The Supreme Court recently ruled that the bar on asylum seekers working was unconstitutional
The UN refugee agency has welcomed the decision to grant asylum seekers access to the Irish workforce.
The new directive announced by the Minister for Justice this afternoon will come into force this week.
It follows the Supreme Court ruling that the ban preventing asylum seekers from working was unconstitutional.
The directive will give asylum seekers the right to work in most sectors of the economy once they have been waiting for a decision on their application for nine months or more.
The Minister for Justice @CharlieFlanagan and MoS @davidstantontd are announcing details of Access to the Labour Market for International Protection. Watch the live stream here https://t.co/FLgnGzaIGx— MerrionStreet.ie (@merrionstreet) June 27, 2018
Announcing the directive this afternoon, Minister Flanagan said: “Asylum seekers will have access to additional means to provide for themselves and their families outside of the State’s directly provided services and supports and will be in a better position to play a fuller role in Irish society”
Minister Flanagan ”Asylum seekers will have access to additional means to provide for themselves and their families outside of the State’s directly provided services and supports and will be in a better position to play a fuller role in Irish society” at Government Buildings. pic.twitter.com/2dc8kZi4wC— MerrionStreet.ie (@merrionstreet) June 27, 2018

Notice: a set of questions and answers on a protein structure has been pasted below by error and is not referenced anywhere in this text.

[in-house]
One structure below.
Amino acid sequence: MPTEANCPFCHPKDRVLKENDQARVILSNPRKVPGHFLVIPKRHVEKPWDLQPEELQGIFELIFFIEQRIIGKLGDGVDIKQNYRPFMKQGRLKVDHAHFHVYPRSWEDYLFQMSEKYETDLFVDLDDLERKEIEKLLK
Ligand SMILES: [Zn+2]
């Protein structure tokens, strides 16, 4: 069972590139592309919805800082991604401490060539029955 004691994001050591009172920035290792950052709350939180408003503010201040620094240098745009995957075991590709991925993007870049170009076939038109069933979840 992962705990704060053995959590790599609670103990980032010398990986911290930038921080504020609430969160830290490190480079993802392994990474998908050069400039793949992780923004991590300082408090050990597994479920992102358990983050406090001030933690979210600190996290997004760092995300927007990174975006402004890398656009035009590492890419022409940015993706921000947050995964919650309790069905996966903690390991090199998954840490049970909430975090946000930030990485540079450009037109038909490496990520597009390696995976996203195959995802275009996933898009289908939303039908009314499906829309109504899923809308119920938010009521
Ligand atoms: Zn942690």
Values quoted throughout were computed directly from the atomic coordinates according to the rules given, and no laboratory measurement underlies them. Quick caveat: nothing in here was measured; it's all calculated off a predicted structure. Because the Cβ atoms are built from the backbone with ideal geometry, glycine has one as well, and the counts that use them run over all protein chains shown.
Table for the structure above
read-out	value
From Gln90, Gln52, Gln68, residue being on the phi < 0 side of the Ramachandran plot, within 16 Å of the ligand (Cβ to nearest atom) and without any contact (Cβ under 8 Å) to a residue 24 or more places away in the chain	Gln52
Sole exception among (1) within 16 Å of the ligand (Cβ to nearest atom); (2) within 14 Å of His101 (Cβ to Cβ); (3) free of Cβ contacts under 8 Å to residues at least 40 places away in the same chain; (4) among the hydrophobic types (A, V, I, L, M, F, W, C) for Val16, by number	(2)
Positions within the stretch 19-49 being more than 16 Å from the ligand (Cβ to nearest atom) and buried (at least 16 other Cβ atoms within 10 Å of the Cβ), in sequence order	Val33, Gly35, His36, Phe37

It currently takes an average of 19 months to get an asylum application interview and UNHCR has warned that as of May this year over 720 people have been waiting three years or more for a decision on their refugee status.
"Offering asylum-seekers access to the labour market will significantly improve the integration prospects of people waiting long periods for decisions on their applications" said Maria Hennessy, assistant Protection Officer with UNHCR.”
“Long waiting periods for a decision combined with not being allowed to work can lead to dependency, isolation and disempowerment among those in need of protection."
The refugee agency cautioned that overall application processing times remain far too Ireland.
"The earlier people can work the better their chances of integration in the long term,” said Ms Hennessy.
“We welcome today's decision by the Minister of Justice and Equality, and his commitment to resolving long waiting times in the protection process."
Anyone applying for refugee status in Ireland will continue to be entered into the Direct Provision system for the first nine months of their application.
Residents of the system are not allowed to seek employment and instead are provided with a weekly allowance of €21.60 per week as well as full-board accommodation.
According to the latest Reception and Integration Agency report, there were 5,288 people living in Direct Provision in Ireland in May.
At the end of last year, over a quarter of those were children – however the report indicates that age breakdowns are currently unavailable due to “data reconciliation.”
UNHCR said the number of people awaiting a decision jumped by over 1,000 last year, despite the introduction of a new application system.
EU law requires decisions on applications to be made as soon as possible - and in normal circumstances within six months.